|Department of Religious Studies, Furness College, Lancaster University LA1 4YG.|
Kendal is a market town with approximately 28,000 inhabitants situated at the south-eastern entrance to the English Lake District. This regional centre is relatively self-contained and autonomous, supporting two secondary schools, two supermarkets, a college of Further Education and a hospital. Towards the end of the 1990s three academics at Lancaster University, Paul Heelas and Linda Woodhead of the Department of Religious Studies, and Bronislaw Szerszynski of the Institute for Environment, Philosophy and Public Policy, decided to use Kendal as the location for the first locality study of the sacred in Britain (and, so far as we know, elsewhere) - a study which would enter into the ‘heartlands’ of contemporary religious and spiritual life and report back on what it found.
We were very aware how little is really known about religion on the ground in the UK, and keen to fill the enormous gaps in our knowledge. Our main aim was simply to find out what is happening, and to see how things are changing. Our second aim was to use our findings to test the most influential claims about what is happening to contemporary religion and spirituality, including our own hunch that some sort of ‘spiritual revolution’ may be currently underway.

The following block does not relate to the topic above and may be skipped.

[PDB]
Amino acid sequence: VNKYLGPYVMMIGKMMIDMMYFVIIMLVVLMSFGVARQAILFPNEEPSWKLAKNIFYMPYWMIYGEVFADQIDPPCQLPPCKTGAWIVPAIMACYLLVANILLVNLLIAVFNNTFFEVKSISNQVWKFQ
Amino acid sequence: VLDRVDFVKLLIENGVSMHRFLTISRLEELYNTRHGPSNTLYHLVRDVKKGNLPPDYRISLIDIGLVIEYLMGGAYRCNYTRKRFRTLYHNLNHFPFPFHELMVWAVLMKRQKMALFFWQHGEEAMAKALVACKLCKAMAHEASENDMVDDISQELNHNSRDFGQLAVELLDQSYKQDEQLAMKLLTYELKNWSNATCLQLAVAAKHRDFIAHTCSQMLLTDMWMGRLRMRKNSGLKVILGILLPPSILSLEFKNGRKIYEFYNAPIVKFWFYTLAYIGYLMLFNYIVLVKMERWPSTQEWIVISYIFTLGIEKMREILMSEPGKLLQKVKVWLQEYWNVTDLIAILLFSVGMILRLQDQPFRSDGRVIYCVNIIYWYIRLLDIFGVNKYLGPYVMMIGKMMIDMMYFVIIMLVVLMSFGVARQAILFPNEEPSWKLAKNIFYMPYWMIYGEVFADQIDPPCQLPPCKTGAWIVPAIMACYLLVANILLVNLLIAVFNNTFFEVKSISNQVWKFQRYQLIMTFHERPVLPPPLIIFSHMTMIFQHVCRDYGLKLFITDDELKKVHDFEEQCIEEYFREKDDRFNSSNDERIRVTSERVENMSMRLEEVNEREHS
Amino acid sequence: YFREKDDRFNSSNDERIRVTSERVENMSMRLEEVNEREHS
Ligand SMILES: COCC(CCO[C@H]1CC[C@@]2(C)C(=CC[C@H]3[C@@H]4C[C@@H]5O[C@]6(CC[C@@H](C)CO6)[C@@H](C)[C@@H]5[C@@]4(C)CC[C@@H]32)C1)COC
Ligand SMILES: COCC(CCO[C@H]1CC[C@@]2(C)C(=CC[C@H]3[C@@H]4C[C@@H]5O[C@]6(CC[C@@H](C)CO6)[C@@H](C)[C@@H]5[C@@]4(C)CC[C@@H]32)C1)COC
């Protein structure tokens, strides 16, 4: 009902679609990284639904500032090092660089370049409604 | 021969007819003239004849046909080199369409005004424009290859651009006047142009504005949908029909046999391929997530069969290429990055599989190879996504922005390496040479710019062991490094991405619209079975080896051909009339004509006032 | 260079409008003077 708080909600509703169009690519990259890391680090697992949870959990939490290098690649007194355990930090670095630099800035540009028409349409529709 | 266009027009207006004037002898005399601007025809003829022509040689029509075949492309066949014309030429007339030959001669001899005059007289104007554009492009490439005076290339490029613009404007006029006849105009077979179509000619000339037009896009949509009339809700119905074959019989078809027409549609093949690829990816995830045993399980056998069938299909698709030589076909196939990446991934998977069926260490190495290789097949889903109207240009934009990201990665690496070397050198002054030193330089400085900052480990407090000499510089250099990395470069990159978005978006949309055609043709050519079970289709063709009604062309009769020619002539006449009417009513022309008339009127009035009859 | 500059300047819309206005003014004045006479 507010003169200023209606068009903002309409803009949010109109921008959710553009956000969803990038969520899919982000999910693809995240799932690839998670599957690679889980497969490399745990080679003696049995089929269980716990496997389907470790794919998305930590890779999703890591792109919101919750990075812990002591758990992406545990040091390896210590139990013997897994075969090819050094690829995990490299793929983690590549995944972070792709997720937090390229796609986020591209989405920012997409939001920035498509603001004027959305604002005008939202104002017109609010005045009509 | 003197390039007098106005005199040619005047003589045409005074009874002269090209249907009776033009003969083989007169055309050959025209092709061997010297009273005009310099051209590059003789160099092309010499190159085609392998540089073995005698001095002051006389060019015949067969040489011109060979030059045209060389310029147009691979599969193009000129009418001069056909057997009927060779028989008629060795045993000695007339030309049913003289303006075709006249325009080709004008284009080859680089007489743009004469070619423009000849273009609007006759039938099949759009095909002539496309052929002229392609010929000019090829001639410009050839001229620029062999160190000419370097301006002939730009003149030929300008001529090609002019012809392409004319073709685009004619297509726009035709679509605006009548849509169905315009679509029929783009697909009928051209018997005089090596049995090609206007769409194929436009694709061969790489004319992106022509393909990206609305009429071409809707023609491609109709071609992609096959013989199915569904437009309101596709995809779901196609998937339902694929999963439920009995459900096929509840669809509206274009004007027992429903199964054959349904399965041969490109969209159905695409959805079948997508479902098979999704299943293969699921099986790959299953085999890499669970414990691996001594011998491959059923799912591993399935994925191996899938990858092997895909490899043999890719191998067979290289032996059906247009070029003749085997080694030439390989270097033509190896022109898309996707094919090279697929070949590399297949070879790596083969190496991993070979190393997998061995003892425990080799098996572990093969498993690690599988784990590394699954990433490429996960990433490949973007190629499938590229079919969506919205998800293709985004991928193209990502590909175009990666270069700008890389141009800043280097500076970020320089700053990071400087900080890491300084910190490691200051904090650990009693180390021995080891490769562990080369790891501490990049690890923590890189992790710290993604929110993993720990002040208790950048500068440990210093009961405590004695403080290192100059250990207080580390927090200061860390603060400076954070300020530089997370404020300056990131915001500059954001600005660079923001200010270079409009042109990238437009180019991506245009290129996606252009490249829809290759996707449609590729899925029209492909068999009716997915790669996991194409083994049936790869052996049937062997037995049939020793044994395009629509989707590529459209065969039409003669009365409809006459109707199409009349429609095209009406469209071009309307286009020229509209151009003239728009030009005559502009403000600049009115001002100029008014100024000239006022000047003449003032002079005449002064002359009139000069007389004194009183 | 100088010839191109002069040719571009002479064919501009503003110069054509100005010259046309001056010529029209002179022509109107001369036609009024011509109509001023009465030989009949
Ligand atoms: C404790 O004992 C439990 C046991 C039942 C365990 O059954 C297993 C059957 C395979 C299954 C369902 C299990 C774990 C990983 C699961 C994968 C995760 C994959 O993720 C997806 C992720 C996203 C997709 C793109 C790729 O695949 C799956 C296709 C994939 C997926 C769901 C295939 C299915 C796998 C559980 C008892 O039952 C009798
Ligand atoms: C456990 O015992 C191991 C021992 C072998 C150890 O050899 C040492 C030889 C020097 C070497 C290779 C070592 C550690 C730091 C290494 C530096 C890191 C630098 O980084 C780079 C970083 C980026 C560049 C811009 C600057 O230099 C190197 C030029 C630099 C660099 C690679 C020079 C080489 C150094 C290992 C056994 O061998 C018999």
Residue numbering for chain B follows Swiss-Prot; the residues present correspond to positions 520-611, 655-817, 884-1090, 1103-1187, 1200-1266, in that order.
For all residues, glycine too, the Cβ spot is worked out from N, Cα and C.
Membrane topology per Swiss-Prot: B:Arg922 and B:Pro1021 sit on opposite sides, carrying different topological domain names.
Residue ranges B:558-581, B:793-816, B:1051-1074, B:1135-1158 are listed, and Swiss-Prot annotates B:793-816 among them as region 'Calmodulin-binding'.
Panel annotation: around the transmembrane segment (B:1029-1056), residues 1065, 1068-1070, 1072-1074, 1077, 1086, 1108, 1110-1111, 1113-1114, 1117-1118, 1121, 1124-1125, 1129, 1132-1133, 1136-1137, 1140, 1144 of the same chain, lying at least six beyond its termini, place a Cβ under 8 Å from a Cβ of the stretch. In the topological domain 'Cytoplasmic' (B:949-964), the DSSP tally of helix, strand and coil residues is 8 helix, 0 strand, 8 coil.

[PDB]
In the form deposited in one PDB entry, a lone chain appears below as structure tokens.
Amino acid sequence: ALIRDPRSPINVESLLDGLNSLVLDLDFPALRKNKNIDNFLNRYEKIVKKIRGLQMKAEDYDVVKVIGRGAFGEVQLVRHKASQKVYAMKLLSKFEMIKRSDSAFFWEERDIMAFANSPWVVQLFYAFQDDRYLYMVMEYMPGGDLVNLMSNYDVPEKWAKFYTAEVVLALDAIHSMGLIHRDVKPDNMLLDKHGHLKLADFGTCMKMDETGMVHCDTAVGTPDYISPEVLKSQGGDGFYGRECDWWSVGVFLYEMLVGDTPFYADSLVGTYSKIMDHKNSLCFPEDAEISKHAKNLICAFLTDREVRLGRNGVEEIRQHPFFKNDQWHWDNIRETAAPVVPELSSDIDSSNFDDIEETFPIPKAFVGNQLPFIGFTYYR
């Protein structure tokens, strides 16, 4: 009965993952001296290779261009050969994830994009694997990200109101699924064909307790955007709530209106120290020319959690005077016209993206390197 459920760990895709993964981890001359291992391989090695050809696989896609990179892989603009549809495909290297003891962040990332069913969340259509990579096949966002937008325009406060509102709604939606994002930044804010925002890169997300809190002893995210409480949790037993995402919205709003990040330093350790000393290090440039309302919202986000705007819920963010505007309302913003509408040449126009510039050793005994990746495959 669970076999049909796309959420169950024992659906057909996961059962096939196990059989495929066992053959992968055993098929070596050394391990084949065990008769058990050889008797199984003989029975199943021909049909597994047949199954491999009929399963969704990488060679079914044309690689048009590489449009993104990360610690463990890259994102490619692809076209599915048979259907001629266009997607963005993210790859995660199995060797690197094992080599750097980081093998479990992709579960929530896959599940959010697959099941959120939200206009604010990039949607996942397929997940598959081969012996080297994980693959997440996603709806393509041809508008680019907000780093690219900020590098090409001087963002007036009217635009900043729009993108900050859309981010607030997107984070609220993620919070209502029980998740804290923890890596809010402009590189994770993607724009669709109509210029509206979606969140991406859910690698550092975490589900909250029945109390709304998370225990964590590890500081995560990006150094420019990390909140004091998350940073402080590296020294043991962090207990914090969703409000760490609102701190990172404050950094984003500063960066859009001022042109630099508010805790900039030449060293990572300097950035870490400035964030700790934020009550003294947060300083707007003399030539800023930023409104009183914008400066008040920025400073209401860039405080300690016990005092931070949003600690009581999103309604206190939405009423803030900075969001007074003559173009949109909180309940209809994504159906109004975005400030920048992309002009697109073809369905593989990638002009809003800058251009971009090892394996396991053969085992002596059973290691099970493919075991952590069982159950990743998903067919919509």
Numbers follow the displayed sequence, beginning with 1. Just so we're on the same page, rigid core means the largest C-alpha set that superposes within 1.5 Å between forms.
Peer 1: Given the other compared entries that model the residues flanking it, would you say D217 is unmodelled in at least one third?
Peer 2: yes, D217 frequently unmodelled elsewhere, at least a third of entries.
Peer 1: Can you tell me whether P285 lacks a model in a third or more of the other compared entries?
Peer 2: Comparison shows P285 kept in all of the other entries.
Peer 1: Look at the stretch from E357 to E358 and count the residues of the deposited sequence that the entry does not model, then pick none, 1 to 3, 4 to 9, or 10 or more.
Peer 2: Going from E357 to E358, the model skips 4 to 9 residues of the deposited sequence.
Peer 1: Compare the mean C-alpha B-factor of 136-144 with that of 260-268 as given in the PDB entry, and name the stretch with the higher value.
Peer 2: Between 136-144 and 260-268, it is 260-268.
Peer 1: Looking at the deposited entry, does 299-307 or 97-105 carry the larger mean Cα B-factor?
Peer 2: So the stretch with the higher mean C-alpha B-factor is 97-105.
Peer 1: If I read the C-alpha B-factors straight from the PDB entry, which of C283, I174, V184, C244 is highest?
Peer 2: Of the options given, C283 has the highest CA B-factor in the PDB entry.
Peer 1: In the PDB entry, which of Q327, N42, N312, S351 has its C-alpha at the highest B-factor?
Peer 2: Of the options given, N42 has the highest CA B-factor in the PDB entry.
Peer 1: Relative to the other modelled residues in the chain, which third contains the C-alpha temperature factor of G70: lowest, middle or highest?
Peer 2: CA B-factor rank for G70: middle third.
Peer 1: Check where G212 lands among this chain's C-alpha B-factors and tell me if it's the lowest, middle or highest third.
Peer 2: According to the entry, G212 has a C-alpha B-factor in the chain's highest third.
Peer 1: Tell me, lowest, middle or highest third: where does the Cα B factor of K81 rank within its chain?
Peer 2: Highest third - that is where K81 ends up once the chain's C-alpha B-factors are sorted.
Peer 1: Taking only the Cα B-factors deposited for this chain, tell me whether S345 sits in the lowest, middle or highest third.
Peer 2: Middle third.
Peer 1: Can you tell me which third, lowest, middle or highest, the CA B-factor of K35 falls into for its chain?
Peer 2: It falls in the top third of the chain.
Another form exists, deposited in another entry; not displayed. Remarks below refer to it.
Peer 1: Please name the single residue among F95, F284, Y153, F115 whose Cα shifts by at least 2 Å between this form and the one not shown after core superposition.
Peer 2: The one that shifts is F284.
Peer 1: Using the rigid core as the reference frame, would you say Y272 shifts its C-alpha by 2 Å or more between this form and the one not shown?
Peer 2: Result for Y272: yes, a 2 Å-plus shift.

The ‘heartlands’ which we wanted to study were those in which what can broadly be called ‘the sacred’ is most richly in evidence. One was obvious: the clearly visible associational activities of church and chapel. We came to refer to this as ‘the congregational domain’. The other was less obvious: the more ‘invisible’ activities of the what is often termed ‘alternative spirituality’, which we came to refer to as ‘the holistic milieu’.
We called these the ‘heartlands’ of the sacred in Kendal because these are the key settings in which people come together, on a voluntary basis, to engage with what they believe to be sacred, and to do so by way of face-to-face activities with like-minded people. Accordingly, these are the territories where religion and spirituality are likely to be most accessible to view and most richly elaborated. This is why these two territories (rather than those of the home, workplace or school, for example) have been of primary concern to the Kendal Project.
After an initial pilot study supported by a grant from Lancaster University, the project proper was launched in October 2000. A generous grant from the Leverhulme Trust enabled the employment of two full-time Research Associates, Benjamin Seel and Karin Tusting. The research in Kendal continued until the end of June 2002.
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